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Landmines Campaign Condemns New US Landmine Policy

1 March, 2004

Media Statement

NZ Campaign Against Landmines (CALM)

5th Anniversary of the Mine Ban Treaty:

NZ Campaign Against Landmines condemns new US landmine policy

“New US government policy on landmines, unveiled at the State Department on Friday, is a dramatic and dangerous policy reversal which flies in the face of international consensus and jeopardises efforts to create a mine-free world,” said the New Zealand Campaign Against Landmines today.

Determined by the Department of Defence, Department of State, the National Security Council and President Bush, the new policy abandons plans for the US to accede to the Mine Ban Treaty and confirms that US troops may deploy antipersonnel landmines in Iraq or elsewhere.

“Today marks the 5th anniversary of the 1997 Mine Ban Treaty becoming binding international humanitarian law. Celebrations of the significant and life-saving progress made under the treaty will be dampened by news of the new US policy.

“Recognising that mines are outmoded, indiscriminate weapons with limited military utility, the vast majority of governments (141 States Parties) have signed up to the Mine Ban Treaty. This support for the Mine Ban Treaty and the unprecedented cooperation of governments, non-governmental organisations and inter-governmental organisations such as the UN, has enabled:

· the destruction of more 52 million mines from global stockpiles,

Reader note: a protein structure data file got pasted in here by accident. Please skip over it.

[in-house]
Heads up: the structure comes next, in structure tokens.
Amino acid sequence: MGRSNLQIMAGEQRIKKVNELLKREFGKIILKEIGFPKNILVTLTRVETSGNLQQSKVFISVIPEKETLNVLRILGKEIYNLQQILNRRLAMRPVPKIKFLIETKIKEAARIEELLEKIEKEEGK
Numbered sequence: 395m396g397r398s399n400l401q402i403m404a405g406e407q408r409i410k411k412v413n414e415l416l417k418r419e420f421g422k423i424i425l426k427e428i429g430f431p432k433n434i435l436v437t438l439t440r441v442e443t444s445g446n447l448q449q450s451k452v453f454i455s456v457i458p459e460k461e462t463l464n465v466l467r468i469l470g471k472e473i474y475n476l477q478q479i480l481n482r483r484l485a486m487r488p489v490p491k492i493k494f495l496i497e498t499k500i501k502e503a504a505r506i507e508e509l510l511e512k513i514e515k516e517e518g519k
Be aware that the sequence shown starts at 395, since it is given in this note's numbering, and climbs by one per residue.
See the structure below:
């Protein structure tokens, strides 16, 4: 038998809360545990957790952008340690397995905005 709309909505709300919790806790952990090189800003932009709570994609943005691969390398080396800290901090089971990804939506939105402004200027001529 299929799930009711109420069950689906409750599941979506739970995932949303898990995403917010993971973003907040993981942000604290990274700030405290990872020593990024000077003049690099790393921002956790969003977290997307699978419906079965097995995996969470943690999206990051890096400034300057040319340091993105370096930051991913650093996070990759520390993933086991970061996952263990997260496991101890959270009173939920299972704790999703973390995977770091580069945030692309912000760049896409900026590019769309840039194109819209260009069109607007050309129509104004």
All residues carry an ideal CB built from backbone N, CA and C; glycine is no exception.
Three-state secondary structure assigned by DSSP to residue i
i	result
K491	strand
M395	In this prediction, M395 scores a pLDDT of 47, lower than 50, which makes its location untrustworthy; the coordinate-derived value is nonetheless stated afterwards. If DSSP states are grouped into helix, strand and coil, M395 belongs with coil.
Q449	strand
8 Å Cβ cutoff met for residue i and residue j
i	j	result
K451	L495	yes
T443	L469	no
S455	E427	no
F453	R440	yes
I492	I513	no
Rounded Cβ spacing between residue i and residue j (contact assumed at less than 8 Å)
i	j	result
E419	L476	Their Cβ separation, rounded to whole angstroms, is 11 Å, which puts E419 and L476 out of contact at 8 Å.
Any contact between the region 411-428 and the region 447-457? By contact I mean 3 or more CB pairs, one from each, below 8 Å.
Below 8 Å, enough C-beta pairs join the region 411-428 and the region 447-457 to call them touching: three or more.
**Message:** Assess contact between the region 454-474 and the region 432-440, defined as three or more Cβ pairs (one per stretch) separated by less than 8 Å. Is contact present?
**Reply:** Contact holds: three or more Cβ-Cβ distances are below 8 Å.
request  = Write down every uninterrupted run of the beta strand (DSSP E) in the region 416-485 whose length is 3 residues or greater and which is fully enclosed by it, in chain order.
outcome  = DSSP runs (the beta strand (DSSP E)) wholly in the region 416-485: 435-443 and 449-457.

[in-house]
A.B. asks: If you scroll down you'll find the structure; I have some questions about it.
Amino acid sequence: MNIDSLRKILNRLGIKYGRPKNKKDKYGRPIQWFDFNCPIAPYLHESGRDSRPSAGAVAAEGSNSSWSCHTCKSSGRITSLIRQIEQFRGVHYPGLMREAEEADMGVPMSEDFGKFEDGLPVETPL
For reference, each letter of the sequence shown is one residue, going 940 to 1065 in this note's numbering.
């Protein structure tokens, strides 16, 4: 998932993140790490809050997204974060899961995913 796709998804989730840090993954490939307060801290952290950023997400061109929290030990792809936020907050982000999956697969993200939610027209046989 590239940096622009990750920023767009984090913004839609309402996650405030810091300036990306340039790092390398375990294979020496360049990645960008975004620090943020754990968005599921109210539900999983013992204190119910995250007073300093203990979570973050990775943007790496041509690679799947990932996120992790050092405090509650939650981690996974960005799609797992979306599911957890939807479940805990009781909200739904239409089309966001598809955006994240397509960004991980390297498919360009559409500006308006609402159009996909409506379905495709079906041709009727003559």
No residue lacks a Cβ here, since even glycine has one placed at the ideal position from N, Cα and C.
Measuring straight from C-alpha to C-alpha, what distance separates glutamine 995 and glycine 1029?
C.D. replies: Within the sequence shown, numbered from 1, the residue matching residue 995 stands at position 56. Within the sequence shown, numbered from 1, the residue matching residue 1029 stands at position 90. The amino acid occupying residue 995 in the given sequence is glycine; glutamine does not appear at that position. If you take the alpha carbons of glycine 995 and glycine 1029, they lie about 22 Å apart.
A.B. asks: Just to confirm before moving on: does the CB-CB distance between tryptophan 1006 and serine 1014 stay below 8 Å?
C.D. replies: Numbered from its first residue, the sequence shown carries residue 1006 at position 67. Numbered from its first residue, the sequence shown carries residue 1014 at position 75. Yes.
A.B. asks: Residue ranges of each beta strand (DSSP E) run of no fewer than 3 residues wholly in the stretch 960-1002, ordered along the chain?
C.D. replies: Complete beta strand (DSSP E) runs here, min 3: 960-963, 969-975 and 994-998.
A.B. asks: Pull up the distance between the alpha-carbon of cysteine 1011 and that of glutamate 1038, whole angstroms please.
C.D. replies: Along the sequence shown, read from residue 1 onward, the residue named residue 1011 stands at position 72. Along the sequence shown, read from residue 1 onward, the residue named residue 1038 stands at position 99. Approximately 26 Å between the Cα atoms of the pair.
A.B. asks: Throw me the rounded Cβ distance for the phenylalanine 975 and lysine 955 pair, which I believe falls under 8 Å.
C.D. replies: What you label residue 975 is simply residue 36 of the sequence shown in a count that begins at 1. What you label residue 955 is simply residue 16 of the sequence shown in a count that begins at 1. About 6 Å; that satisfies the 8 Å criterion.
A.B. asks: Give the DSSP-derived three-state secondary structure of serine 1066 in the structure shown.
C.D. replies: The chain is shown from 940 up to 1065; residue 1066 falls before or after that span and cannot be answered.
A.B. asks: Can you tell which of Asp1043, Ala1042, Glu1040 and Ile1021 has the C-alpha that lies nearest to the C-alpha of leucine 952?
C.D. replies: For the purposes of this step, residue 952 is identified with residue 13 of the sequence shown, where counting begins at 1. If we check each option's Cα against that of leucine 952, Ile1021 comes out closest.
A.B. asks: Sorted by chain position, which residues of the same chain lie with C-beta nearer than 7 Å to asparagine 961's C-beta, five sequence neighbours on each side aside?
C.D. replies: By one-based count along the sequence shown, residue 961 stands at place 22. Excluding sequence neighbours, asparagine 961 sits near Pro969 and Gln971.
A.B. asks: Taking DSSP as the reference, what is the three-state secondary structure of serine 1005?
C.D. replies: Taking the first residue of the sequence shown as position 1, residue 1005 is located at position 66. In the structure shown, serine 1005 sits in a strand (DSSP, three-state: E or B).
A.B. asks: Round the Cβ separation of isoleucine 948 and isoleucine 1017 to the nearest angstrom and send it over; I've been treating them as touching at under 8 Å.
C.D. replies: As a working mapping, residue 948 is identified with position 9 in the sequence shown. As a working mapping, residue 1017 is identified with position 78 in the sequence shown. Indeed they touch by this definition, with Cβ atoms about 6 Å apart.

· a drop in the number of mine producing countries, from 54 to 14,

· the removal of hundreds of thousands of mines from the ground, · a reduction in the number of casualties (from an average of 26,000 to 15-20,000 each year), and

· the slowing of trade of the stigmatised weapon.

“Previously, US government policy set the country on track to join the rest of the international community and accede to the Mine Ban Treaty in 2006, when the destruction of America’s stocks of ‘dumb’ mines was also scheduled.

“The new policy rejects the Mine Ban Treaty and delays the destruction of those ‘dumb’ mines until 2010. It also allows the US to continue using so-called ‘smart’ mines which although they are set to deactivate or self-destruct cannot discriminate between the foot of a soldier and that of a child. These mines tend to be scattered by air making them difficult to mark and map, posing tremendous challenges and costs for demining teams, and threaten the lives and limbs of innocent civilians and troops working in mined areas.

“While the US has announced that it will increase funding for mine action programmes, overall its policy is a giant step backwards that will do little to reduce the agricultural, economic and psychological impacts for the millions of people who continue to live with landmines.

“The policy sets a dangerous example to the few remaining mine-users, such as Russia, India, and Pakistan, with devastating consequences for civilians. The policy is a significant step backwards for the US, isolating it further from the norms of international law and the international community,” said John Head and Deborah Morris today.


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